Cafod puts employee implicated in Oxfam case on leave

The Catholic international aid charity says it was not aware of the allegations against its employee

Cafod's statement on its website
Cafod's statement on its website

This story has been corrected. Please see final paragraph.

Cafod, the Catholic international aid charity, has put one of its employees on leave after discovering he was one of the former Oxfam workers accused of sexual exploitation in Haiti.

The allegations were revealed by a story in The Times on Friday, which claimed that three employees resigned and four were sacked for gross misconduct after the investigation into allegations of sexual exploitation, bullying and intimidation, and the downloading of pornography.

The accusations of sexual exploitation first came to light at the charity in 2011 and, although the charity investigated the allegations and alerted the Charity Commission to the case, it did not tell the regulator, the UK government or the Haitian government about the nature of the misconduct.

Chris Bain, Cafod’s director, issued a statement last night.

Bain said: "The Times newspaper on 10 February wrote that a current Cafod employee was named as an Oxfam staff member who had been working in Haiti in 2011, amidst accusations of sexual misconduct."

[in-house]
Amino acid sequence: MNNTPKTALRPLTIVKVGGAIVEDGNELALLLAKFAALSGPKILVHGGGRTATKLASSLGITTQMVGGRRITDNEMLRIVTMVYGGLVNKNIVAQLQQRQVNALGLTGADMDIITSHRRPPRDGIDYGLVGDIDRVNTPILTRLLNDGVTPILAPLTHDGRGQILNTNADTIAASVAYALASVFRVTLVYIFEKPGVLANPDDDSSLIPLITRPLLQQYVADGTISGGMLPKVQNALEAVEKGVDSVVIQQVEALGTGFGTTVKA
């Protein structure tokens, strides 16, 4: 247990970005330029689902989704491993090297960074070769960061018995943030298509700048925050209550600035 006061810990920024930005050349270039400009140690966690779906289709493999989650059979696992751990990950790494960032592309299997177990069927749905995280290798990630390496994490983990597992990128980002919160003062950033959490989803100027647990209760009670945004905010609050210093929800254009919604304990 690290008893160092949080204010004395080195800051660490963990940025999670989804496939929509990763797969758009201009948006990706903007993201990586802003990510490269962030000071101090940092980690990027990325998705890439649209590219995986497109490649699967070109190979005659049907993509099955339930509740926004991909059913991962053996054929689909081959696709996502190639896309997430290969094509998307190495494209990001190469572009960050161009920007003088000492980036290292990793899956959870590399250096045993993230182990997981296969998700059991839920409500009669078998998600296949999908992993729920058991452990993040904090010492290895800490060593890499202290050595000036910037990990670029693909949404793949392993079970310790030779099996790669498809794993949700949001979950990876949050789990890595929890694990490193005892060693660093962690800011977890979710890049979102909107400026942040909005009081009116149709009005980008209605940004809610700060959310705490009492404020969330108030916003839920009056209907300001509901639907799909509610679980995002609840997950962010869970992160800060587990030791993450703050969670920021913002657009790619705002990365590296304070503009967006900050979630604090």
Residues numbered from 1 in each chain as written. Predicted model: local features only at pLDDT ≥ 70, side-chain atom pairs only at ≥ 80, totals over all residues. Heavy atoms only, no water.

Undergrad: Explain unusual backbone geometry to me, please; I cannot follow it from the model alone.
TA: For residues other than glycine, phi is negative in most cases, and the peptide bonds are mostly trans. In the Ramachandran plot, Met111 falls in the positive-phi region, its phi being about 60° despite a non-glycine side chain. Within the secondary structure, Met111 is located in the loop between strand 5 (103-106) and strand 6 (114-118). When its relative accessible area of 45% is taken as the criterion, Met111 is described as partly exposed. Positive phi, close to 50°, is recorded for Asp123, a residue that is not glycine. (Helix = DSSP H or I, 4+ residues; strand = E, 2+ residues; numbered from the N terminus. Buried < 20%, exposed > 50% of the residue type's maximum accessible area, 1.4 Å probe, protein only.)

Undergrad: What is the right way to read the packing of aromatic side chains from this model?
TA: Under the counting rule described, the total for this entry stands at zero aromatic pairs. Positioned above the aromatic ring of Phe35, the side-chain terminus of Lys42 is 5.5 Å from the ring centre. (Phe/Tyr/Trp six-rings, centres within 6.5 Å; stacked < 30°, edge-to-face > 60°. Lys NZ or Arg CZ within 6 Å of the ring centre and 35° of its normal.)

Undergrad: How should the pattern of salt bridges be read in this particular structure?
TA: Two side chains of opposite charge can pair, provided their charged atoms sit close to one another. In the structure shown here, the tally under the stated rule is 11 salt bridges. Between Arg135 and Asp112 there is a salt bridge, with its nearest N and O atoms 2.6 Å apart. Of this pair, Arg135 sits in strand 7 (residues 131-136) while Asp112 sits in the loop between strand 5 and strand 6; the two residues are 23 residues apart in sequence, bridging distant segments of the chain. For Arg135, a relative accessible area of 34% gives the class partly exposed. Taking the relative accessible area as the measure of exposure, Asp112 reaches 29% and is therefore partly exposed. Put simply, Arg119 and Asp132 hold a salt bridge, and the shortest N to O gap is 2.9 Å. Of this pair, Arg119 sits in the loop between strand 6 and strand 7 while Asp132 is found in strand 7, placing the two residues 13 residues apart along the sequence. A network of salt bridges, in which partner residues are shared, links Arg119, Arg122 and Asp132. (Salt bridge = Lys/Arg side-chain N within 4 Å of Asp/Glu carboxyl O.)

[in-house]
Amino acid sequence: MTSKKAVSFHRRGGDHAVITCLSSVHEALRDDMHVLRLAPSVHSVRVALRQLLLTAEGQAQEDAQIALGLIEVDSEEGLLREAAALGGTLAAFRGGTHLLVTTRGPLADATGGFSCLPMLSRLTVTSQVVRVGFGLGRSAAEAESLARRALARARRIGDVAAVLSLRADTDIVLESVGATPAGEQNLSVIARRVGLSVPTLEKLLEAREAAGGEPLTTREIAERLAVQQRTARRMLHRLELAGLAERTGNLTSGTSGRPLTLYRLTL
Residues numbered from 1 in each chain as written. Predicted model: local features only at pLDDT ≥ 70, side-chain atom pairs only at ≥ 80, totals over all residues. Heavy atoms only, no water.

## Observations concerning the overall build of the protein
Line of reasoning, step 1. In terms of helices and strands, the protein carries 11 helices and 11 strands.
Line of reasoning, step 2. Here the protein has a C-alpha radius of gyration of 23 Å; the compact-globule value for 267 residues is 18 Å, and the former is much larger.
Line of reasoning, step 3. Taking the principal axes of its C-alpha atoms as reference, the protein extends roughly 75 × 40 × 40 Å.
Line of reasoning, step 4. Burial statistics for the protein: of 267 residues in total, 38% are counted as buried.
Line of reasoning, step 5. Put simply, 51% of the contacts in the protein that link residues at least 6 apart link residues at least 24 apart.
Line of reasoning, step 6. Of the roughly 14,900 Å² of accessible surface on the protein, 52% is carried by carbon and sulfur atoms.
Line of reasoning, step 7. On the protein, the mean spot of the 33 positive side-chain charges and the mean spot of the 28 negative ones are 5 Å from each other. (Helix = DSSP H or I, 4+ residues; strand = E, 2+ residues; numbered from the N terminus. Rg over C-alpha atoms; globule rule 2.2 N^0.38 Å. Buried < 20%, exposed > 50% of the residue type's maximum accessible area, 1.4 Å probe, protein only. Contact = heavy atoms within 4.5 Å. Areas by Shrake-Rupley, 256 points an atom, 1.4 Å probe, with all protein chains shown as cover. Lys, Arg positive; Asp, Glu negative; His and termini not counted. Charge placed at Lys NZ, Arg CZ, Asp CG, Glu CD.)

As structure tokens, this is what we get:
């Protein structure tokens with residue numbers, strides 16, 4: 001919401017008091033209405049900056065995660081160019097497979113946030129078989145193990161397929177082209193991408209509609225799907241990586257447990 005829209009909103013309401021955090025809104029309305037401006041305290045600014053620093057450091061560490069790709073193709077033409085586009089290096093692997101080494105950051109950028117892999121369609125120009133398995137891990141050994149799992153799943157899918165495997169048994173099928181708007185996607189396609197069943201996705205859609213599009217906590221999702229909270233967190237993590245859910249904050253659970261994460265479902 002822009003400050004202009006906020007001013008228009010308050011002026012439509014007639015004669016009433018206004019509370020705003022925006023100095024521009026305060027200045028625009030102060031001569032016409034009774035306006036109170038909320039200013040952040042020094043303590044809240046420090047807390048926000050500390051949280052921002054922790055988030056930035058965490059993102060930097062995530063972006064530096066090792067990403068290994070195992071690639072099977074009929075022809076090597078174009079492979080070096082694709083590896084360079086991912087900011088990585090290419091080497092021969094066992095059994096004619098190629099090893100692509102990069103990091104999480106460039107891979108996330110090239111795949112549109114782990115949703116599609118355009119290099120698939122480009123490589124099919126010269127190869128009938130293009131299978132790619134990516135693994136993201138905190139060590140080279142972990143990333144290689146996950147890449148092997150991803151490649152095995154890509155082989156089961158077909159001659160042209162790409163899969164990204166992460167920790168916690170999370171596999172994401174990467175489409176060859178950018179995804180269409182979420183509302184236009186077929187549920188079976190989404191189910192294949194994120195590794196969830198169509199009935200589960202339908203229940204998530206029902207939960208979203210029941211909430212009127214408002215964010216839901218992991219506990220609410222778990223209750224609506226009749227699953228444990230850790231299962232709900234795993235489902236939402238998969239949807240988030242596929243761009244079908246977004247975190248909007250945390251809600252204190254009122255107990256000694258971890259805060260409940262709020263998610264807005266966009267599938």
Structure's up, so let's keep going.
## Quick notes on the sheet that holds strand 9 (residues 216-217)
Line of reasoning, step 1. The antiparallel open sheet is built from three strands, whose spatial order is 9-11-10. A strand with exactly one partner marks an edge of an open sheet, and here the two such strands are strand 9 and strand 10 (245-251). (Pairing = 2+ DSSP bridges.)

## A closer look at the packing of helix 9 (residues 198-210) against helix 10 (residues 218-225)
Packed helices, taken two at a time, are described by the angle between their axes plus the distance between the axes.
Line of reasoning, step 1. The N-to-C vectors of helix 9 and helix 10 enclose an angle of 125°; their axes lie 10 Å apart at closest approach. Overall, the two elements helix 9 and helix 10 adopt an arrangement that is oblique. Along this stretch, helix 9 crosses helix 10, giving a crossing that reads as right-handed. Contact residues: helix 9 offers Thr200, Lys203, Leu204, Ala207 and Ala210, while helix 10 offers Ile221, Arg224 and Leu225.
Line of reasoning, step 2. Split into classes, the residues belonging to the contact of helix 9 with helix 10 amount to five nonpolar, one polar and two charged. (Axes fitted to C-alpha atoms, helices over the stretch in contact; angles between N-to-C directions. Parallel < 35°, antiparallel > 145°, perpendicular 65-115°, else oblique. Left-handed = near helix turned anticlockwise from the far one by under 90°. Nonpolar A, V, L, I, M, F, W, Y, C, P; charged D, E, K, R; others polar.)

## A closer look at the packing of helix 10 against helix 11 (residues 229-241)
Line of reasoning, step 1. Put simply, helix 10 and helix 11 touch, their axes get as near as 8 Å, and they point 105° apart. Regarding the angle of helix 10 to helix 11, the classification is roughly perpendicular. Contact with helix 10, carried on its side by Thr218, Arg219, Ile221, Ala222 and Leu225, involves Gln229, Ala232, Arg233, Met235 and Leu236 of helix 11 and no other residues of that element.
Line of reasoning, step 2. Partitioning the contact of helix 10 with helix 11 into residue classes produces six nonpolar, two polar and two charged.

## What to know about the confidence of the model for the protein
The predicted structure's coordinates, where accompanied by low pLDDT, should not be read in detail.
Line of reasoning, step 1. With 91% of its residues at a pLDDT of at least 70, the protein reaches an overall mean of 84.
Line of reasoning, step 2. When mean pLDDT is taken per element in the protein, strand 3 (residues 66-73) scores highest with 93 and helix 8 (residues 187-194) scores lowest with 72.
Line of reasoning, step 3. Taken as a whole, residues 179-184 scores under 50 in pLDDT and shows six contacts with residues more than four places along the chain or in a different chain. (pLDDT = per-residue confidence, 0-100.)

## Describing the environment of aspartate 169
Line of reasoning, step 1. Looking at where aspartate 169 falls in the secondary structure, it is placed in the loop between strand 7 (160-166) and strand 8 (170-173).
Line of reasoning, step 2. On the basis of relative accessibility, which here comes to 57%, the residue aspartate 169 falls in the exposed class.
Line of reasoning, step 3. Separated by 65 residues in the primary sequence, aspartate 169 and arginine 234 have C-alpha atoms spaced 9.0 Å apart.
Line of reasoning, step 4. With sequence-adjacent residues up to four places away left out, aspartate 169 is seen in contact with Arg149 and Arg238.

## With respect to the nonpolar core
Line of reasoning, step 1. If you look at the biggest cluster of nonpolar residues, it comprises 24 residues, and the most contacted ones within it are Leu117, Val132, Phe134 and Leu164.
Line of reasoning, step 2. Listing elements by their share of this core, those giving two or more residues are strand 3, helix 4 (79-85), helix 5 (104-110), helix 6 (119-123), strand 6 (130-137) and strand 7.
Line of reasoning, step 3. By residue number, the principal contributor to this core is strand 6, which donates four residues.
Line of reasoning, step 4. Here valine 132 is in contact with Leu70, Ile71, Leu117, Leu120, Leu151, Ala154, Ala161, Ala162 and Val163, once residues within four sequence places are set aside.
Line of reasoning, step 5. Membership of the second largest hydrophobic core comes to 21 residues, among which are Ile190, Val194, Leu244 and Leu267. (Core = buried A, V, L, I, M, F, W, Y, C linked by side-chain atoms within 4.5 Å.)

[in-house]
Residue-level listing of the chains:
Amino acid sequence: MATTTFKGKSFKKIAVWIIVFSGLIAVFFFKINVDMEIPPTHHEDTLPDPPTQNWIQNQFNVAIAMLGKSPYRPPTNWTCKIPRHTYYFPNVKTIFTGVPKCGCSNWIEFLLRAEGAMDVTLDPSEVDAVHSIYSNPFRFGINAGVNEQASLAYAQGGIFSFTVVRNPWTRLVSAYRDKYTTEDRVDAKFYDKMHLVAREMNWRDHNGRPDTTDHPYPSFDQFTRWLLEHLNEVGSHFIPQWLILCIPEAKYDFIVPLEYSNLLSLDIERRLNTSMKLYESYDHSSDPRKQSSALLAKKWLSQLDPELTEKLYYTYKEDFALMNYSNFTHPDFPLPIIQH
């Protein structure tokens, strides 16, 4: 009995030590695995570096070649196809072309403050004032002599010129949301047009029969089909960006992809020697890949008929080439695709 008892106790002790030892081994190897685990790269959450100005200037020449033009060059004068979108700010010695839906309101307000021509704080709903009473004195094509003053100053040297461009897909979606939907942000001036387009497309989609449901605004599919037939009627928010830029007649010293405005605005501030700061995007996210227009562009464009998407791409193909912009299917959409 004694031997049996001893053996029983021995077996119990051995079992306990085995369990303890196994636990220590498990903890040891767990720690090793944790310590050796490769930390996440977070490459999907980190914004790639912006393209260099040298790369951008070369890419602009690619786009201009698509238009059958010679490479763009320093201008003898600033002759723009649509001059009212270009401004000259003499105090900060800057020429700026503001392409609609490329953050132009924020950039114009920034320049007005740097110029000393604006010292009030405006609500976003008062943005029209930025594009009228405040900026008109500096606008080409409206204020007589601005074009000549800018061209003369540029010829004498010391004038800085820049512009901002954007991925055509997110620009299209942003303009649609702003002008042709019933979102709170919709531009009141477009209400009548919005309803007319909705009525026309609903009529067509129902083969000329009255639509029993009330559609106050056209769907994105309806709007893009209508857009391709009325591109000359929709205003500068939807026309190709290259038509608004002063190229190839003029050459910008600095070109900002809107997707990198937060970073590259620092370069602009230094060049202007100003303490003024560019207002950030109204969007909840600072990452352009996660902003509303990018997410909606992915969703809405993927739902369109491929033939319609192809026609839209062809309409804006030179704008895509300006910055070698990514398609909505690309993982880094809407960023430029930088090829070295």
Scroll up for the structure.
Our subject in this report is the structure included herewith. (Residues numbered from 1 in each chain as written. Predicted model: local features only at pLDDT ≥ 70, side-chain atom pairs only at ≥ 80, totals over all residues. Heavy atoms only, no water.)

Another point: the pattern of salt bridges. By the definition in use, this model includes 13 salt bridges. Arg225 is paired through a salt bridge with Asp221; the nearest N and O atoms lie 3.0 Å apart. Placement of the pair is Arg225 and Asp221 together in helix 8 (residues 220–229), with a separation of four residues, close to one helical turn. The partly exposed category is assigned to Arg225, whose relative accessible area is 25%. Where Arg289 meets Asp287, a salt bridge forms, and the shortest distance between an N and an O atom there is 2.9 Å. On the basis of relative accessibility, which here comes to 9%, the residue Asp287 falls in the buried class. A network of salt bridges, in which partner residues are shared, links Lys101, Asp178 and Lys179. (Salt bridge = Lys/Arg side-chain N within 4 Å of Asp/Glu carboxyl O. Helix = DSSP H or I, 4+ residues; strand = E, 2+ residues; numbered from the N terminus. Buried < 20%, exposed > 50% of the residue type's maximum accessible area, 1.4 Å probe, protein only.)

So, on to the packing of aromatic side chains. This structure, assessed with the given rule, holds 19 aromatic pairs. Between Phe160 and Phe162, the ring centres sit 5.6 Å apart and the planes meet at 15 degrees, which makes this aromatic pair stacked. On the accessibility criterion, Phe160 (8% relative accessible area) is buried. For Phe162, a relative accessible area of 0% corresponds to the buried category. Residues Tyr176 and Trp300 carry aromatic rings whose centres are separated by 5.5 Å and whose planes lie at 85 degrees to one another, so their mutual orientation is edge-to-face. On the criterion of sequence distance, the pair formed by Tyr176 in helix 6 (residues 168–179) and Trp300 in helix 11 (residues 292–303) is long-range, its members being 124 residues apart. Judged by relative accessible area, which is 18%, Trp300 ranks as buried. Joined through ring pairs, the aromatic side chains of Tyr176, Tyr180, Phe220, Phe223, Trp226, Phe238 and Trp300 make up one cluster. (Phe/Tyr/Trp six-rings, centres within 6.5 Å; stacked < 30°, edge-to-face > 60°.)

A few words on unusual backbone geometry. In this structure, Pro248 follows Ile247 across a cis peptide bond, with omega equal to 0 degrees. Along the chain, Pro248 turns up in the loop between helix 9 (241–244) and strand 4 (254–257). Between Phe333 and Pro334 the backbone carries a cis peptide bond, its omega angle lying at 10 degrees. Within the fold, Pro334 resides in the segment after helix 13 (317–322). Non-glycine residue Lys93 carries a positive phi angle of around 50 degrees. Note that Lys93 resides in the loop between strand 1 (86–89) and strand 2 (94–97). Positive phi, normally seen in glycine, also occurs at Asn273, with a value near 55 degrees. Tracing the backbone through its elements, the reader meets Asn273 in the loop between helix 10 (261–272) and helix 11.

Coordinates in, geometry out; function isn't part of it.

The statement said Cafod had not been aware of the allegations made against this employee and had received two references, as standard practice, at the time of recruitment, but did not say which organisation or individual had provided the reference.

"After concerns were raised in this article, the staff member has been put on leave while we examine the issues raised and follow our code of behaviour protocol to determine the next steps," Bain said.

He said Cafod had a zero-tolerance approach to breaches of its behaviour code and robust safeguarding and whistleblowing policies.

"It is disheartening that the actions of a few unscrupulous aid workers might undermine trust in the life-saving work done by overseas development and humanitarian agencies, including Cafod, working alongside some of the poorest communities and helping them live life to the fullest," he said.

An Oxfam spokeswoman said: "Oxfam has not and would not provide a positive reference for any of those who were dismissed or resigned as a result of the case."

This story orginally said Roland van Hauwermeiren, the former Oxfam country director who was named in The Times story, was the employee Cafod had put on leave. Van Hauwermeiren has never worked for Cafod.

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